"Roll on, ye stars! exult in youthful prime,
Mark with bright curves the printless steps of time...
Flowers of the sky! ye too to age must yield,
Frail as your silken sisters of the field."
-- Erasmus Darwin (grandfather of the naturalist Charles Darwin)
Last week, I had gone to London with Kiran. He had some exams held in imperial college London in South Kensington. As we had a couple of hours before boarding the train, we thought to have a look around if anythings nearby. Hence, we got into the Science museum which is almost next to the South Kensington tube station exit. Entry is free, only one need to pay for IMAX 3D cinema(can have 2 for 1 offer if travelling to London by train)
Science museum is one of the very exciting places to visit, especially if interested in science. It has fabulous collections of renowned inventions and discoveries. The galleries are very impressive. As we didn’t have much time we just booked the IMAX – HUBBLE 3D.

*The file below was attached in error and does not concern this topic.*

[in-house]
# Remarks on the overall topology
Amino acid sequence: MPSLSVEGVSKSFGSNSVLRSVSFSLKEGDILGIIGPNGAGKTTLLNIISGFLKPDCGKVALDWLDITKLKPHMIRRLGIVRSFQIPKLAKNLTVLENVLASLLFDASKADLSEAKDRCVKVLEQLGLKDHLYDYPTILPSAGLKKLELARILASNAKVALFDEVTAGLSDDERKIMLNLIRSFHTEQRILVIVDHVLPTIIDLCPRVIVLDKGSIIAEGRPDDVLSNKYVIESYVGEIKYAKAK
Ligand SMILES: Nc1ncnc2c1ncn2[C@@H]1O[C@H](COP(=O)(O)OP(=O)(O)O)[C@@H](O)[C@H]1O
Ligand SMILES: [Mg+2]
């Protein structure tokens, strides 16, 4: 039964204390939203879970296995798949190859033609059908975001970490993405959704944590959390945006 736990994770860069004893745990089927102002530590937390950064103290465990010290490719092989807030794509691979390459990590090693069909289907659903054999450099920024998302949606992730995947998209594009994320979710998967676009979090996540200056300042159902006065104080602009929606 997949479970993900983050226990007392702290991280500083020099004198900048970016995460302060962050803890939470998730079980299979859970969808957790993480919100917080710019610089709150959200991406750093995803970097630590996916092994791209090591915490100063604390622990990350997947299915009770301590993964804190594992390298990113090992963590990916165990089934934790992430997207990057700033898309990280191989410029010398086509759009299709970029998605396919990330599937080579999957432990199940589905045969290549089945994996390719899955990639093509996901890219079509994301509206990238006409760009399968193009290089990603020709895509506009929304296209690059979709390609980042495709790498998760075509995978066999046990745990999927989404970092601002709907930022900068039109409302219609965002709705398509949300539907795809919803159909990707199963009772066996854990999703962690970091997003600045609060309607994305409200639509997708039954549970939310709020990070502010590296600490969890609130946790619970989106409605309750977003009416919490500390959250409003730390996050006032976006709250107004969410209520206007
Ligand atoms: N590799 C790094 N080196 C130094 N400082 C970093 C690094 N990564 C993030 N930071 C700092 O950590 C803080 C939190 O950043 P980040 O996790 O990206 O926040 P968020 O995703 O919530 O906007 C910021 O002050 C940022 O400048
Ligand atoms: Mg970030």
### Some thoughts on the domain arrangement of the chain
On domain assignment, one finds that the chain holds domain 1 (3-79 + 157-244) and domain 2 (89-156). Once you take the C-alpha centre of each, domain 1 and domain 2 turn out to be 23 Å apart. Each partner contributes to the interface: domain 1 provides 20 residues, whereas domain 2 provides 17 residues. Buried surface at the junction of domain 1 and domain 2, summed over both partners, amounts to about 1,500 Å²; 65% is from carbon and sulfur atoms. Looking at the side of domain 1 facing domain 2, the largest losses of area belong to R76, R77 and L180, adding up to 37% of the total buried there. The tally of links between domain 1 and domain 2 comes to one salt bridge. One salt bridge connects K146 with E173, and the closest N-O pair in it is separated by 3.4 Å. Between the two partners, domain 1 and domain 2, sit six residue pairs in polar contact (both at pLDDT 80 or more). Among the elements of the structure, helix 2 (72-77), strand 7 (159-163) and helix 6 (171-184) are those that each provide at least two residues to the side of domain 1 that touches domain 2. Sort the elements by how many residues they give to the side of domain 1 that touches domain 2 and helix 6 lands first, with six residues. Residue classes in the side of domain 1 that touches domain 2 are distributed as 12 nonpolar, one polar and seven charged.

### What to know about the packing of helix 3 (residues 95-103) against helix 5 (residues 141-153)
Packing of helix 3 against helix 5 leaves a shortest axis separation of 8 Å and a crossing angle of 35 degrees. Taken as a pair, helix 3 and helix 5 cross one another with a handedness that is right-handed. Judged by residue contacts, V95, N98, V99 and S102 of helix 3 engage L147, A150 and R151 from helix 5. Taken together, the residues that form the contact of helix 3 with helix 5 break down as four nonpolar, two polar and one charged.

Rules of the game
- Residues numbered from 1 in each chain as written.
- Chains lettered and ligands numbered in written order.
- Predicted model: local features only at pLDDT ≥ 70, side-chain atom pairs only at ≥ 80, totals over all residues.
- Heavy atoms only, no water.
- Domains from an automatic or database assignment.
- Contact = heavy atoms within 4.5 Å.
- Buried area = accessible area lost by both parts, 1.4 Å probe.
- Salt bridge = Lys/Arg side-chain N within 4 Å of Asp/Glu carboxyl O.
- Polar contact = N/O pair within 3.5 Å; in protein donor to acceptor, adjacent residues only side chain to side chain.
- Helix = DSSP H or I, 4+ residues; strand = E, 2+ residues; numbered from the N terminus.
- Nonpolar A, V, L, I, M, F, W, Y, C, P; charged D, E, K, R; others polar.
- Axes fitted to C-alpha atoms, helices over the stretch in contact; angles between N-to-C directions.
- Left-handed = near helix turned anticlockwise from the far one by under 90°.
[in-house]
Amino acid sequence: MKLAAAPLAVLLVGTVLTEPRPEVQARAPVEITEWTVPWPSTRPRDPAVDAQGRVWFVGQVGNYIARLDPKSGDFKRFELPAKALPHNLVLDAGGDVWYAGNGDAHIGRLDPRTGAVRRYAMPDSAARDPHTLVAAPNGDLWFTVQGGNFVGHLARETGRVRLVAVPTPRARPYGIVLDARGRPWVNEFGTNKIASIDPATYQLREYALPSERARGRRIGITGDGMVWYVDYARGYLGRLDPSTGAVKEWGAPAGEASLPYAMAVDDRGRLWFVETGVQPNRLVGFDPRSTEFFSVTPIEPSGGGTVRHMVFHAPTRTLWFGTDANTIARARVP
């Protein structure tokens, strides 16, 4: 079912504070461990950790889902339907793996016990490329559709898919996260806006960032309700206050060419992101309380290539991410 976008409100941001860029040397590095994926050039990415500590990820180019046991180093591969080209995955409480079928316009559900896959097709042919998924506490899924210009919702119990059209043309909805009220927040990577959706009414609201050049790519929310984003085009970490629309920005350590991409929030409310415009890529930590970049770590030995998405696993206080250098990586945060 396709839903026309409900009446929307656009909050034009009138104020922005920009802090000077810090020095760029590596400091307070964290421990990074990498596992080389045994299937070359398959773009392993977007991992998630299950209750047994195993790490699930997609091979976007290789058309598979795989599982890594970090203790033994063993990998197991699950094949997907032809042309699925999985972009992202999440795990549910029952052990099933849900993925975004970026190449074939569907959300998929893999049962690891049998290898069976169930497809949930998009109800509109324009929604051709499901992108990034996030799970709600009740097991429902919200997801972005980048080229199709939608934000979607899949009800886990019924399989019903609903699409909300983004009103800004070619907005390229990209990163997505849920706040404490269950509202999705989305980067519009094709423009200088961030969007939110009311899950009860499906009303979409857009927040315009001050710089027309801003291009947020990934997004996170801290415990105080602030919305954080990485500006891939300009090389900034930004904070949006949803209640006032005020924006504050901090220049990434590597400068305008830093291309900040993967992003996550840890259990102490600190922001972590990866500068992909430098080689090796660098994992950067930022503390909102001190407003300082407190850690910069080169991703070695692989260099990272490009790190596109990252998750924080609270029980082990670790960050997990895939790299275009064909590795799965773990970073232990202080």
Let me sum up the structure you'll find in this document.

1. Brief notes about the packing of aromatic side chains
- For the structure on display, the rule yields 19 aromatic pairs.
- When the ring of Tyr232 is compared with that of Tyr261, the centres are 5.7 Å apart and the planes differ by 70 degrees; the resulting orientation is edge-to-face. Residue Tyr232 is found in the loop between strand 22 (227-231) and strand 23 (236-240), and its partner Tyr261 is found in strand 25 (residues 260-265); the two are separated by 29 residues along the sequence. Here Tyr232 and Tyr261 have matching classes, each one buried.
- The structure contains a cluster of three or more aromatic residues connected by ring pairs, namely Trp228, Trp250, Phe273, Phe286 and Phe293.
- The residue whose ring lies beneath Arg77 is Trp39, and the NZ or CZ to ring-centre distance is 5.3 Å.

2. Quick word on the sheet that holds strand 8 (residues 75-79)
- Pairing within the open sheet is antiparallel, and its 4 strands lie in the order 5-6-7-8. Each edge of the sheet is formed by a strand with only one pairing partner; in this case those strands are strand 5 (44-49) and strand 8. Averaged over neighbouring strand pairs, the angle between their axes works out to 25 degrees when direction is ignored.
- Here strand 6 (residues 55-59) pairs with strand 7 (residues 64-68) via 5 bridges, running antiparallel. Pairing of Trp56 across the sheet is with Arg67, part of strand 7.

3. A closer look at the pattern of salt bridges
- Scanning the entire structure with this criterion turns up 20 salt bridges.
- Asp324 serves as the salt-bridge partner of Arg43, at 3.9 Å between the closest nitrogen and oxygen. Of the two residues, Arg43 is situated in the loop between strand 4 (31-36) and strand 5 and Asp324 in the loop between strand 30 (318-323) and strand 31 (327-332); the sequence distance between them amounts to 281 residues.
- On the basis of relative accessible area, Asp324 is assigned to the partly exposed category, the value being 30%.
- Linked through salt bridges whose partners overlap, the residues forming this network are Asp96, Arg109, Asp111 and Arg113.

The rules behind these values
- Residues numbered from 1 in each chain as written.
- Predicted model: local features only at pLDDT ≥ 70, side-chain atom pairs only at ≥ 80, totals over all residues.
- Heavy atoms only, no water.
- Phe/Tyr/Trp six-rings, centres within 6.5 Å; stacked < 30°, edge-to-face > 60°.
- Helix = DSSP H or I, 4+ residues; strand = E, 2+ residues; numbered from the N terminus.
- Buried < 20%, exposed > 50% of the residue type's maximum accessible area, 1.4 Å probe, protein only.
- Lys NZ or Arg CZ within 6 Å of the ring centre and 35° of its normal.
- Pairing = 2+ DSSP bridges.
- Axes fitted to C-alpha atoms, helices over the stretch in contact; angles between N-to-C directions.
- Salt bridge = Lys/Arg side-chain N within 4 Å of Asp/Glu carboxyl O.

Amazing, Hubble 3D film was really spectacular. Initially the 3D was quite irksome with flashy pictures so close to the eyes. But once the exact show started, I really started enjoying it. Starting from launching of the Hubble space telescope in 1990 to the servicing missions to the stupendous photos which were taken by the Hubble, its role in expanding the knowledge about the universe, all of it was splendid.
The film mainly concentrated on the servicing mission probably the one in 2008, don’t remember exactly. But it was definitely after the Columbia Disater in 2003 where our Indian born American girl, Kalpana Chawla succumbed in the mission. Narrated by Leonardo de caprio, if not wrong. The anticipation and apprehension of the crew members whilst last minute preparation for flying, the actual take off of the space shuttle, routine inside the shuttle, the big day to meet Hubble, repairing the parts of Hubble, problems and solutions, ultimately the success of the mission in 3D was marvellous. Later there was an introduction sort of the thing into the universe. Starting from our earth, the sun and its planets, , the nearest star, Sirius Major, the Orion and its stars and nebula, origin of new stars and budding solar systems in the nebulae, our milky way, Andromeda, millions of galaxies, and the likes, it takes you through a rollercoaster ride.